Many of us can find it hard to get moving this time of year
Whether you're an early bird or a night owl, there are ways you can spend your morning that will determine how your day pans out.
So, what can you do to help you get out of bed and ready for the day ahead?
Blinds specialist Thomas Sanderson has determined what you need to start your day by analysing the world's high-fliers and how they start their days.
The common factor to a successful morning routine is, perhaps unsurprisingly, sleep.
Yet anecdotal evidence has suggested it's largely down to the quality over quantity.
Lisa Artis, spokesperson at The Sleep Council, said: "Getting a good night’s sleep is not only good for your health and well-being, but it helps you wake up in the morning. Practice good ‘sleep hygiene’, including keeping regular hours and make sure you’re sleeping on a supportive bed."
So what are the bedtime and morning secrets of these movers and shakers? And how does studying their habits help the average person acclimatize to the darker mornings?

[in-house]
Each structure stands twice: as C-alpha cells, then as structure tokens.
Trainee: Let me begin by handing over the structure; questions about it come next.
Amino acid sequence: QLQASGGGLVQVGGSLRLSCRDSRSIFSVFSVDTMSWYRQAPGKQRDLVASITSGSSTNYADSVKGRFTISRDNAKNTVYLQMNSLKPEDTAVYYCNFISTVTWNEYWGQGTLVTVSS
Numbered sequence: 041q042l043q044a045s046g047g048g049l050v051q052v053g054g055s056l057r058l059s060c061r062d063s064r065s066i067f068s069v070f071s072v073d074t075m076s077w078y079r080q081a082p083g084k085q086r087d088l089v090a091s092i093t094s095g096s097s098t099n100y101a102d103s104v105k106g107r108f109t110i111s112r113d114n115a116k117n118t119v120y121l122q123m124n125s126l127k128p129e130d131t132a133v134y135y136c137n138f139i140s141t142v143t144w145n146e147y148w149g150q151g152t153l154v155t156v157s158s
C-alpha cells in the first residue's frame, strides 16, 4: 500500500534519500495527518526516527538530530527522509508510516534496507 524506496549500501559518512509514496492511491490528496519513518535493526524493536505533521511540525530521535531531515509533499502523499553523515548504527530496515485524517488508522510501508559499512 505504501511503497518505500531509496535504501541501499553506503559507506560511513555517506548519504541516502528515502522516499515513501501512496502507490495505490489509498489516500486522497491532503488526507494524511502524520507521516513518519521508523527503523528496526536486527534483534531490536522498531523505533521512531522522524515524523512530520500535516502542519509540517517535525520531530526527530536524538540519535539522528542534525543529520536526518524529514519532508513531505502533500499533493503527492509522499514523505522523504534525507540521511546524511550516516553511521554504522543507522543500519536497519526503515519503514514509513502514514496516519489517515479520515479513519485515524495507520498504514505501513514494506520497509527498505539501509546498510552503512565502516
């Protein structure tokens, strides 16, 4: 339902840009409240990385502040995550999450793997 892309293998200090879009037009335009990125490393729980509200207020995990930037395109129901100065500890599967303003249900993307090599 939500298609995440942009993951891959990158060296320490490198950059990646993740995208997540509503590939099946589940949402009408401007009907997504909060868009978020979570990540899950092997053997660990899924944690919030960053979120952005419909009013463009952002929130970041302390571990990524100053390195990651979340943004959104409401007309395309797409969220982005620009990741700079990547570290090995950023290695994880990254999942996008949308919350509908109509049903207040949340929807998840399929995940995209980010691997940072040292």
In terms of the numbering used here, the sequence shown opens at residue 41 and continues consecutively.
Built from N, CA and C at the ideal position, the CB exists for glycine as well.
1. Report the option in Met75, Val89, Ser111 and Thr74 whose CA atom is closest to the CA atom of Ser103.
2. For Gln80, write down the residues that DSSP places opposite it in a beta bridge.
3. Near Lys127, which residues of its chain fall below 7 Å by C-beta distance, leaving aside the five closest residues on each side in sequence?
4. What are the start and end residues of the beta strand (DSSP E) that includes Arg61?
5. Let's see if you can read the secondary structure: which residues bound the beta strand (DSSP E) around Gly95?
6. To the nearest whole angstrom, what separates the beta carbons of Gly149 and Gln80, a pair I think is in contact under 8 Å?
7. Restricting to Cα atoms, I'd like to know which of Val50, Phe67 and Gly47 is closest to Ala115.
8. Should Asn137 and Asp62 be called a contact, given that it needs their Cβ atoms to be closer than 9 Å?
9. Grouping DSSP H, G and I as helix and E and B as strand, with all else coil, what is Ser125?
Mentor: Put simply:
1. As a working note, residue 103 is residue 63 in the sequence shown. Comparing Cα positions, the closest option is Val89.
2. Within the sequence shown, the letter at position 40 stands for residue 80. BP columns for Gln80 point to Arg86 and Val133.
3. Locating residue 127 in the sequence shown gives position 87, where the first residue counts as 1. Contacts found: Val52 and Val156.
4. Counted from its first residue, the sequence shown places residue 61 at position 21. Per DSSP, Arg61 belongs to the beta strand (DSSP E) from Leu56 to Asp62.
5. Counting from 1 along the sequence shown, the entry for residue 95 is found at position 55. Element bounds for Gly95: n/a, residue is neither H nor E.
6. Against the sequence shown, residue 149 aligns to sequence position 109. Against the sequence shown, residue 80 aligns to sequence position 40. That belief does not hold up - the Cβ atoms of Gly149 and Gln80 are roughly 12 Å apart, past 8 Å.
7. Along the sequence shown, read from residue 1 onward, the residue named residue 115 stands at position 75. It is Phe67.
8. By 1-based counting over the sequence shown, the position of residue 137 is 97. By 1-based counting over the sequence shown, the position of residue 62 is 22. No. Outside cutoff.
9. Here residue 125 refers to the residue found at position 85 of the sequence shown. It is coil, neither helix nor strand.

It seems high achievers all have one thing in common - rising early.
Anne Wintour, Editor-in-Chief of Vogue, gets up at 05:00am, each morning, to head to the tennis court before starting her day.
Huffington Post founder Arianna Huffington has a pre-bed "sacrosanct ritual", which consists of leaving her electronic devices in a separate room, taking a hot bath, drinking chamomile tea and changing into sleep-friendly clothes. She doesn't need an alarm but will instead wake up naturally, before embarking on 30 minutes of morning meditation or yoga.
Most successful people typically get at least six hours sleep, as demonstrated by Richard Branson, who does this so he can exercise and spend time with his family, which also improves his frame of mind before business. Another is Barack Obama, who gets by on six hours, so he can fit in a morning workout.
So what can you learn from the experts to make the most of your own morning routine? There are a few tips to jump start your schedule, in the process maximising your energy and productivity the next day.
1 Buy a sunshine alarm clock - this will gradually brighten to simulate daylight and thus influence your own body clock.
2 Consider installing shutters for your home - they're a great way of blocking out light, noise and other disturbances that can otherwise affect your sleep.
3 Set the heating to come on at a certain time each morning, so it will be warm when you get out of bed.
4 Perfect a sleep routine that works for you - however, try and keep to the same time for nodding up, turn off your phone 30 minutes before going to bed, and keep your room dark, quiet and cool.